Review: Essays on Modern Segregation in the St. Louis Spotlight | book reviews

By Dale Singer Post-shipment Special

A day before the VP Fair on the edge of the St. Louis River in 1987, police closed the Eads Bridge to foot traffic, closing a route many people used between eastern St. Louis and downtown. town.

The move followed allegations that a year earlier gangs of black youths had marched through fairgrounds, ripping gold chains from women’s necks. The stories were later revealed to be exaggerations, and lawsuits as well as public opposition quickly reversed the closure of the bridge. But the pervasive racial tension and mistrust the situation has exposed is just one of the scenarios presented and carefully analyzed in “The Material World of Modern Segregation,” published this year by the Common reader project at the University of Washington.

“The Material World of Modern Segregation: St. Louis in Ferguson’s Long Time”

Flight. 6, No 1 of The Common Reader, edited by Iver Bernstein and Heidi Aronson Kolk

Published by the University of Washington, 290 pages, $20

From the clearing of Mill Creek Valley to the murder of Michael Brown, from the demolition of established enclaves to the implosion of Pruitt-Igoe, from the existence of the Delmar Divide to the race separation controversy at the Fairground Park swimming pool , the A Collection of Essays sheds a bright, incisive, and generally harsh light on the history of racial conflict in the St. Louis area, revealing truths that are often hard to confront.

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Many essays deal with gentrification, how so-called progress has masked the displacement of residents from established black neighborhoods.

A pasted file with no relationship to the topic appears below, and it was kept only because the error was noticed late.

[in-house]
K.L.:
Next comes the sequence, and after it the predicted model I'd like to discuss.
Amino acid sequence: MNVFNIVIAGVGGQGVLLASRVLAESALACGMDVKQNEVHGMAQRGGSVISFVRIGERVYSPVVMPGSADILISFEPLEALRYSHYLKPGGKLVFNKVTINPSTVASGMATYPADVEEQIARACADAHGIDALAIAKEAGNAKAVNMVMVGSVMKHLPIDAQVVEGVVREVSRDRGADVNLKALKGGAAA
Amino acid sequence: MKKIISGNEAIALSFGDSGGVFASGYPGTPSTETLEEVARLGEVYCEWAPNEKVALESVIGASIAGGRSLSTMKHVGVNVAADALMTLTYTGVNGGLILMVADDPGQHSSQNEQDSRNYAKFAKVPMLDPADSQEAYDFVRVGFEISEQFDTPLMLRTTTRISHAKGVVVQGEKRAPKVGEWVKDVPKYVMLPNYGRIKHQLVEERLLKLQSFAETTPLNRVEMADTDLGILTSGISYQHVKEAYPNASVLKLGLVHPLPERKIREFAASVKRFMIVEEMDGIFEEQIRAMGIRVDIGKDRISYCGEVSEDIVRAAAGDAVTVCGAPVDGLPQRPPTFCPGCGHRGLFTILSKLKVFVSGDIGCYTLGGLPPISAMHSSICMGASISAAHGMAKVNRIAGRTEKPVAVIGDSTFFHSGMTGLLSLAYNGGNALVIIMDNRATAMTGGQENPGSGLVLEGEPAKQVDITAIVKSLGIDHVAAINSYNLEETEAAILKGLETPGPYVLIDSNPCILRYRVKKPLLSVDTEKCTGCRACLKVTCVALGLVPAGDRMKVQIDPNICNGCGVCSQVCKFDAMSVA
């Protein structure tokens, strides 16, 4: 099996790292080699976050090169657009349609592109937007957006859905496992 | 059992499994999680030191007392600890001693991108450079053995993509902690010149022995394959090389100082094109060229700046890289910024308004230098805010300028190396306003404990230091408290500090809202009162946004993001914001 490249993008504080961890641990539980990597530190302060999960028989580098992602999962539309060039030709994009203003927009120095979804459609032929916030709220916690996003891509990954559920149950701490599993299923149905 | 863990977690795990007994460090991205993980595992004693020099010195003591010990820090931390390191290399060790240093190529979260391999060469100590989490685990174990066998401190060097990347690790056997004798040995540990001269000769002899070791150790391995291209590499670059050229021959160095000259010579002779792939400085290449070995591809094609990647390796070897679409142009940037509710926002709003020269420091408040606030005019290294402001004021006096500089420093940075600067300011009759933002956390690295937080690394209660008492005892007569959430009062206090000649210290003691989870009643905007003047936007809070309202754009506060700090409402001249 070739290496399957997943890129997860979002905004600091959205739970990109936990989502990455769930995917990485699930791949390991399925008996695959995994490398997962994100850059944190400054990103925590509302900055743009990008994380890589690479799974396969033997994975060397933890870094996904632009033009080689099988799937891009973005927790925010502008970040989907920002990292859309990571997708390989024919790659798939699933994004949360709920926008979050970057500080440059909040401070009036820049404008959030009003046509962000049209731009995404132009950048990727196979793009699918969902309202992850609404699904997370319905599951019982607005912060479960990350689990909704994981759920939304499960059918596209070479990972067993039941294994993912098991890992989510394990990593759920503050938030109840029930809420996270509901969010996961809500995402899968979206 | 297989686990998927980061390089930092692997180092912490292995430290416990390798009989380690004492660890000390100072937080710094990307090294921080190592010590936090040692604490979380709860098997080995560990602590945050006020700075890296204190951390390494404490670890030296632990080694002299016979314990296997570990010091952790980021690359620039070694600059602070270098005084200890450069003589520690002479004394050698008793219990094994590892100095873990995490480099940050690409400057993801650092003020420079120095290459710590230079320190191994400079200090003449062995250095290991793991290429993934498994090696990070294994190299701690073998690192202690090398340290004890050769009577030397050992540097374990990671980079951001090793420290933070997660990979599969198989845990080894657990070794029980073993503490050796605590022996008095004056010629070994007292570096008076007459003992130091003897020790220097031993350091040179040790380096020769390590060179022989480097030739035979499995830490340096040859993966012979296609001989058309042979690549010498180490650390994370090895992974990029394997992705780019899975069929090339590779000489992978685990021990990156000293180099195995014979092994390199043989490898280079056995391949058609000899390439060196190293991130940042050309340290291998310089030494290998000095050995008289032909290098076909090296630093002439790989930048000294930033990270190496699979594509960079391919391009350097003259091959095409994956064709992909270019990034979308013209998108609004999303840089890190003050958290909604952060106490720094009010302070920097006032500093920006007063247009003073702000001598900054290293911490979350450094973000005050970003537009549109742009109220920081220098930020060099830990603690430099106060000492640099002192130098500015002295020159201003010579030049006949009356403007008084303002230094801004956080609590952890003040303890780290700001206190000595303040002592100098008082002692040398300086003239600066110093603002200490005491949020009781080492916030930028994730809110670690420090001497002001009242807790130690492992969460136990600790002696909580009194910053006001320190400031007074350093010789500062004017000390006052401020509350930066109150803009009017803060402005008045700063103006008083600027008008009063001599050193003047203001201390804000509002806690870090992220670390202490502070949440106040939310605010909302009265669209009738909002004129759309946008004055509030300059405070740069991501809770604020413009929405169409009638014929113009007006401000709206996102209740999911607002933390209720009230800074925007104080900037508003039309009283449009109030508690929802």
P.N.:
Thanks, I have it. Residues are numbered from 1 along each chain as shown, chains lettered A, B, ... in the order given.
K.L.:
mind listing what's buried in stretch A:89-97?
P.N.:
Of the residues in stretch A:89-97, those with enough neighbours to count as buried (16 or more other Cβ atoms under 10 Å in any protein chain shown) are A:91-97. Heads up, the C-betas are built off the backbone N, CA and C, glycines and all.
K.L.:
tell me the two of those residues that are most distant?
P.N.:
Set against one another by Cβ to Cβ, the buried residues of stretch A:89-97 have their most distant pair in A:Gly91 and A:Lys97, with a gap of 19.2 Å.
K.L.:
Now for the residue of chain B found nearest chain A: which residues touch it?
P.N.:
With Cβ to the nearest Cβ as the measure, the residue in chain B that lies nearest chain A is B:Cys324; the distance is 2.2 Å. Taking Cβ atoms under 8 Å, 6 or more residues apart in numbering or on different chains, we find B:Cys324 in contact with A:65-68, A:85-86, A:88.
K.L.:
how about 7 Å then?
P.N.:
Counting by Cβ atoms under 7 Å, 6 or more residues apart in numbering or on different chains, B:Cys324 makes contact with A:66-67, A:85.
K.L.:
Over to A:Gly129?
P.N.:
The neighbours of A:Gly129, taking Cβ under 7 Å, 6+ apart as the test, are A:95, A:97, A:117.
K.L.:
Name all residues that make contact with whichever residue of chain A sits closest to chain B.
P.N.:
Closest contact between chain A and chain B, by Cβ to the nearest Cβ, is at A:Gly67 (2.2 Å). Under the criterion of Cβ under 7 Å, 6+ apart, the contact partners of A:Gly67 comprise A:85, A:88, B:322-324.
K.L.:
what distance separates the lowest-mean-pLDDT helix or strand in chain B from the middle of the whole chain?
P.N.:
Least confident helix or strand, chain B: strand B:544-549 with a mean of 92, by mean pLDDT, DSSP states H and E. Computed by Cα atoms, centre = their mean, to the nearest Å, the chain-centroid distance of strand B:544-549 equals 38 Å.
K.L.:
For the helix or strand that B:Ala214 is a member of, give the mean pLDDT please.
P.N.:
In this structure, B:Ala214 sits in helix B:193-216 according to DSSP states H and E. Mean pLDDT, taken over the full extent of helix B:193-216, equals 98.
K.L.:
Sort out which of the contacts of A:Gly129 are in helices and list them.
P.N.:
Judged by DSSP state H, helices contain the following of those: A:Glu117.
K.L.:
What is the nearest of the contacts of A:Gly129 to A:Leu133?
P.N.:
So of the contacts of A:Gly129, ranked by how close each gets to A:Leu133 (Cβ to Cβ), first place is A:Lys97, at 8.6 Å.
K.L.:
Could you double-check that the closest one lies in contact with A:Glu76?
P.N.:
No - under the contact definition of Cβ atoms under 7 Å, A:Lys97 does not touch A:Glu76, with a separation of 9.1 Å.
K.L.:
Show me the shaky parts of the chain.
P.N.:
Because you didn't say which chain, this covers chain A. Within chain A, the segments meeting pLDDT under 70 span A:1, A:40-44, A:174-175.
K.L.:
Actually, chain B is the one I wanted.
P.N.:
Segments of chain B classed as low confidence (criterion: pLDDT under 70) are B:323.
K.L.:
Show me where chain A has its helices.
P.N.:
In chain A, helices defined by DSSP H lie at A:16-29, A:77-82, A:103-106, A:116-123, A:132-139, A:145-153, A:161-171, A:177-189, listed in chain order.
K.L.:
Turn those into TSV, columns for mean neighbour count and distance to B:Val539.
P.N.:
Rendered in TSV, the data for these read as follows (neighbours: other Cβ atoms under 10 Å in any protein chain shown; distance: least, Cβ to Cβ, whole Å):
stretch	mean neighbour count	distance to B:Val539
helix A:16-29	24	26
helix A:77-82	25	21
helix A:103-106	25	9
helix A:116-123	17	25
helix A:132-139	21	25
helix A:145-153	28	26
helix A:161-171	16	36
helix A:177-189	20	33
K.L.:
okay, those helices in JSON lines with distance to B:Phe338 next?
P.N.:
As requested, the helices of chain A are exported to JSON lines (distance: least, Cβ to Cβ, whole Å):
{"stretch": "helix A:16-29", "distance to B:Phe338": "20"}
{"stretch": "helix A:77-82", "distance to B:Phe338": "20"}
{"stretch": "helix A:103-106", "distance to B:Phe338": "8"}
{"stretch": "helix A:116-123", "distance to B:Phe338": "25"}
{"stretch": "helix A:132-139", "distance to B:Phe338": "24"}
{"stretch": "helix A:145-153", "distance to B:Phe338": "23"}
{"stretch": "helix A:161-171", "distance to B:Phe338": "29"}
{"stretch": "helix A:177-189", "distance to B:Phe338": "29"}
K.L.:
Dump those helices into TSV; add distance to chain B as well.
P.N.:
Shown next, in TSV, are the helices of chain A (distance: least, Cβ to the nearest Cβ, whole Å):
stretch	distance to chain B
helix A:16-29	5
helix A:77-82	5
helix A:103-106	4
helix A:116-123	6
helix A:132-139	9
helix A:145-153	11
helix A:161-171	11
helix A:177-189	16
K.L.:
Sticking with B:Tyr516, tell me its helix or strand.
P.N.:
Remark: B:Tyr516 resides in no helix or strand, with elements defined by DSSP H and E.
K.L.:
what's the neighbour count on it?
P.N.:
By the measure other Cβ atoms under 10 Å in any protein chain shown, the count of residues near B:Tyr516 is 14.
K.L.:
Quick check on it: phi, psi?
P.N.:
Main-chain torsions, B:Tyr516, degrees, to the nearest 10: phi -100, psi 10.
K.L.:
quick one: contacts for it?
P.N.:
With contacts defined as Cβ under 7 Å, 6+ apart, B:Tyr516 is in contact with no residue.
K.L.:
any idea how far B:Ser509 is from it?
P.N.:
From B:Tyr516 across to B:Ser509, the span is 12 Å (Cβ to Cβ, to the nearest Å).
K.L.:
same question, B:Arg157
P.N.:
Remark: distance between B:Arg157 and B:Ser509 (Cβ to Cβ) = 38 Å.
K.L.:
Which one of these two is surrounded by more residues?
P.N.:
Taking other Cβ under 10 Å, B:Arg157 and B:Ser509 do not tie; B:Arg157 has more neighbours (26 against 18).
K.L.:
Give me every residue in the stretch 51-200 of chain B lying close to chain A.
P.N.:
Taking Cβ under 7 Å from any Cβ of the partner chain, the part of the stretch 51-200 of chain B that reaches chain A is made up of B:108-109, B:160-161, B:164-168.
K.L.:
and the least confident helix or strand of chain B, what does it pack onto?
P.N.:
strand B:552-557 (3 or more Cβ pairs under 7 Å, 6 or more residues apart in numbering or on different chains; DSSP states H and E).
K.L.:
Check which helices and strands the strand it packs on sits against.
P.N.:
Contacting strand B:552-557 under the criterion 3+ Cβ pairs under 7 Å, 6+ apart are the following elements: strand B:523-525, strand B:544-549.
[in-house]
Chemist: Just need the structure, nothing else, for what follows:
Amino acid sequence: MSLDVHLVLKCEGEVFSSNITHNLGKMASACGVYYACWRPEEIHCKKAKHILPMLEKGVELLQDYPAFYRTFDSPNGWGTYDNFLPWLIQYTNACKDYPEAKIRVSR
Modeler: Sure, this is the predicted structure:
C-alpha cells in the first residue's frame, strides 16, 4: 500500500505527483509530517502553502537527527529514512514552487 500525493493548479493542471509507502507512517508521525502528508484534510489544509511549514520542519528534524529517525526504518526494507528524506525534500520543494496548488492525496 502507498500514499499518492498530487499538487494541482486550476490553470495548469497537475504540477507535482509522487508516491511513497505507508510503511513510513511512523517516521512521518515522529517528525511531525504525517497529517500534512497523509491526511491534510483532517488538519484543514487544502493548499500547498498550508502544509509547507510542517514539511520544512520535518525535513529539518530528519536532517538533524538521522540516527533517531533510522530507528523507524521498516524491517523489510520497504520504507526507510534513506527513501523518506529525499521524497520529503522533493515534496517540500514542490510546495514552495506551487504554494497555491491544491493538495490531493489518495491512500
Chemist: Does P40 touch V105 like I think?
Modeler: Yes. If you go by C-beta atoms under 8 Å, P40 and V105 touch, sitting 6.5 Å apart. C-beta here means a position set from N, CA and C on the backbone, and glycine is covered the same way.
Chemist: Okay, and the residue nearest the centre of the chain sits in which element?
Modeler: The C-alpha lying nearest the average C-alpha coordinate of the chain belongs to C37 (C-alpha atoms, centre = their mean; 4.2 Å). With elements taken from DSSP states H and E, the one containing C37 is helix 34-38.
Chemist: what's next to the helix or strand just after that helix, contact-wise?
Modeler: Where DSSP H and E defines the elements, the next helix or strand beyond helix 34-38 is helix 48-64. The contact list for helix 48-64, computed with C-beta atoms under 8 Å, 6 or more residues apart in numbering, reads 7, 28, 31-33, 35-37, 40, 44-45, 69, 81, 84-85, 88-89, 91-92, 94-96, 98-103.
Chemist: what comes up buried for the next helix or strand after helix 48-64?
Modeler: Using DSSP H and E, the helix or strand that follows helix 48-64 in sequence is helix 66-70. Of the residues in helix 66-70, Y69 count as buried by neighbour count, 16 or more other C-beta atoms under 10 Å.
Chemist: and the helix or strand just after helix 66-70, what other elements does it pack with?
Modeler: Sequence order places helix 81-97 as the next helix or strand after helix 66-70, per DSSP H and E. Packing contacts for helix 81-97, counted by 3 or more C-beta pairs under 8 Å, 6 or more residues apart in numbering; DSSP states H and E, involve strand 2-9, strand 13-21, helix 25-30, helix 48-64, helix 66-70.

Next time you’re at the Brentwood mall that includes Target and Trader Joe’s, for example, stop and realize the site was once the home of Howard-Evans Place, which essayist Beth Miller describes as “an Afro -American, middle-class ‘Garden of Eden’” which has become a target for developers.

And the transformation of McRee Town in South St. Louis, an area that began as a magnet for white immigrants in the early 20th century, into the more upscale Botanical Heights, has brought about the same kind of displacement, with more resources available once the area is predominantly Black population moved elsewhere.

In an article titled “The Facade of Redevelopment,” Patty Heyda writes, “Today, Botanical Heights and Botanical Grove have what McRee Town never had: new businesses and homes with access to loans, and a good K-8 school. Better sidewalks with ecological gardens that filter rainwater. And the city is changing the light bulbs in streetlights. Market-priced housing and very few low-income rental options mean older low-income residents do not return.

Perhaps rightly in a book of essays from an academic institution, some of the writing is stilted, obscuring what the author means and likely to put off some readers, like this description of works by Ferguson-related art:

Mill Creek Valley

Mill Creek Valley Dwelling, circa 1952


“In this essay, the materiality of each work disrupted the naturalization of segregated anti-black space in St. Louis and produced embodied strategies of reclamation.”

But for the most part, “The Material World of Modern Segregation” effectively shines a light on the high costs of racial animosity in the St. Louis area in recent decades, as well as lessons to help repair these wrongs. An essay by John Early on the effects of the multi-million dollar federal project for the National Geospatial-Intelligence Agency on the north side of the city explains the remedy this way:

“For St. Louis to become a more just, equitable, and whole city, what is perhaps as much needed as looking back is recognizing with greater openness and understanding how aggrieved urban communities are being treated. in the present. Being increasingly mindful and responsive to how the place, in many ways, speaks for itself could begin to help us do just that.

Dale Singer retired in 2017 after a 45-year career in journalism in St. Louis. He lives in western St. Louis County.

Mill Creek Valley

Housing in Mill Creek Valley, seen from the driveway between Chestnut-Lacaton and Market streets, west of Compton Avenue, circa 1948


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